ST. LOUIS —  A proper plaintiff cannot use the state’s saving statute to revive a dismissed lawsuit that was brought by an improper plaintiff who lacked standing, the Missouri Court of Appeals Eastern District has ruled. 

In Love v. Piatchek, the appeals court agreed with the trail court's dismissal in a wrongful death lawsuit.

In January 2010, Delores Henry filed a wrongful death suit against the St. Louis Board of Police Commissioners and certain St. Louis police officers after her grandson, Darrell Williams Jr., was fatally shot on Nov. 18, 2009, by two officers after a car chase. Henry attempted to invoke standing as next of kin and alleged that the officers opened fire on the vehicle’s occupants without cause and with excessive force. Williams’ parents were incarcerated at the time and not named as parties.

In April 2014, one week before the trial, Henry dismissed her suit without prejudice.

“The opinion is silent as to why the first lawsuit was dismissed, except to say that the grandmother voluntarily dismissed the case without prejudice to re-file,” John Mahon Jr., partner at St. Louis-based Williams Venker & Sanders, told the St. Louis Record.

Four months later, Williams’ mother, Kathryn Love, filed a second wrongful death lawsuit. As a surviving parent, Love was a proper plaintiff under Missouri law, according to court documents. In March 2015, the defendants moved to dismiss Love’s suit for untimeliness, asserting that the statute of limitations expired in November 2012, three years after Williams' death. Love argued that the suit was filed timely under the state’s savings statute — the re-filing of a proper plaintiff’s claim by another proper plaintiff — because it was filed within one year of the voluntary dismissal of the first wrongful death suit.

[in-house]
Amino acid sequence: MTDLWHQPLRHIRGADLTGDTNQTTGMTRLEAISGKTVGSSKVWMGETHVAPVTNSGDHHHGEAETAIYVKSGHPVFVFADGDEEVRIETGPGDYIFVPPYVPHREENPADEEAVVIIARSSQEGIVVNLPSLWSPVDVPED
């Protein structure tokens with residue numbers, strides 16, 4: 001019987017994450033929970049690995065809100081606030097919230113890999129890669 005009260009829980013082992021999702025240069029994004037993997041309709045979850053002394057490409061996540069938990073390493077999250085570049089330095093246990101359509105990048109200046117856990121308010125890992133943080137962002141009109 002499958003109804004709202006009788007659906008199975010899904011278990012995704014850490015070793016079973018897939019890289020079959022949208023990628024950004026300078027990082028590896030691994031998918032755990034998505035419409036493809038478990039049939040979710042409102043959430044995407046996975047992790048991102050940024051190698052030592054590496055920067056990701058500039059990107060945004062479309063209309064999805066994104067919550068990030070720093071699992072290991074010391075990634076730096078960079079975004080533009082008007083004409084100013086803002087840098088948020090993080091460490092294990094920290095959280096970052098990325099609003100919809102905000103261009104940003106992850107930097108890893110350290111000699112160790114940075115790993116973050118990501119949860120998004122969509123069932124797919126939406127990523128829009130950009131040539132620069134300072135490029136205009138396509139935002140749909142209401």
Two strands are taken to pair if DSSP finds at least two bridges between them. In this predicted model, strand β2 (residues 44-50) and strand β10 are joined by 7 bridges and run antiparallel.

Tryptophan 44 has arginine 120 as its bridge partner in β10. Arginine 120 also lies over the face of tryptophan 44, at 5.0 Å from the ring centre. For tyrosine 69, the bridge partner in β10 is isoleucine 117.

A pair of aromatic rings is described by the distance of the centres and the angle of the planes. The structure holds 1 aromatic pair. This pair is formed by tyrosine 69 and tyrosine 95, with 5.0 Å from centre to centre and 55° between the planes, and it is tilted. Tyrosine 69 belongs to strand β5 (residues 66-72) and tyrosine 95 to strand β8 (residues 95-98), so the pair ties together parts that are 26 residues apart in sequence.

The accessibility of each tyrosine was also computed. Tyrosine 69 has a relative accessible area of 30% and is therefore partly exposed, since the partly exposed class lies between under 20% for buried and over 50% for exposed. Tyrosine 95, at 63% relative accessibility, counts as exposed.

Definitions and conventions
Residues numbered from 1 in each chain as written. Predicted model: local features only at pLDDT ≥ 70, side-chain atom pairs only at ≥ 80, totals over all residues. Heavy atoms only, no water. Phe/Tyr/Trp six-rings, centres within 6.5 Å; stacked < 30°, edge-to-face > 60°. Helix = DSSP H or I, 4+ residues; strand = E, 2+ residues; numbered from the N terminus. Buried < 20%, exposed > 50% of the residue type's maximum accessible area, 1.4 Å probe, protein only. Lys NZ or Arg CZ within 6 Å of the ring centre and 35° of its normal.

The trial court dismissed the case on the basis that Henry’s original petition was invalid because she was not an eligible plaintiff in the first instance because Williams’ surviving parents were superior plaintiffs. The court said that Henry lacked standing and there was nothing for the saving statute to save.

On appeal, the court noted that if both lawsuits are brought by proper plaintiffs with standing, a suit may be timely refiled within the one-year savings statute, and the second suit will relate to the first suit. However, in this case, the first lawsuit was not legally viable because the grandmother was not eligible to bring a wrongful death lawsuit. Thus, the mother could not file a second suit and have it relate back to the grandmother’s non-viable first suit.

“One implication of this ruling is that it demonstrates the importance of not only timely filing a wrongful death suit within the applicable statute of limitations, but also ensuring the timely filing includes a proper plaintiff,” Mahon said.

Mahon said that it does not appear that any further action has been taken. 

“It is not clear what, if anything, will happen next in the case or whether the appellants will attempt to seek review by the Supreme Court of Missouri," he said.

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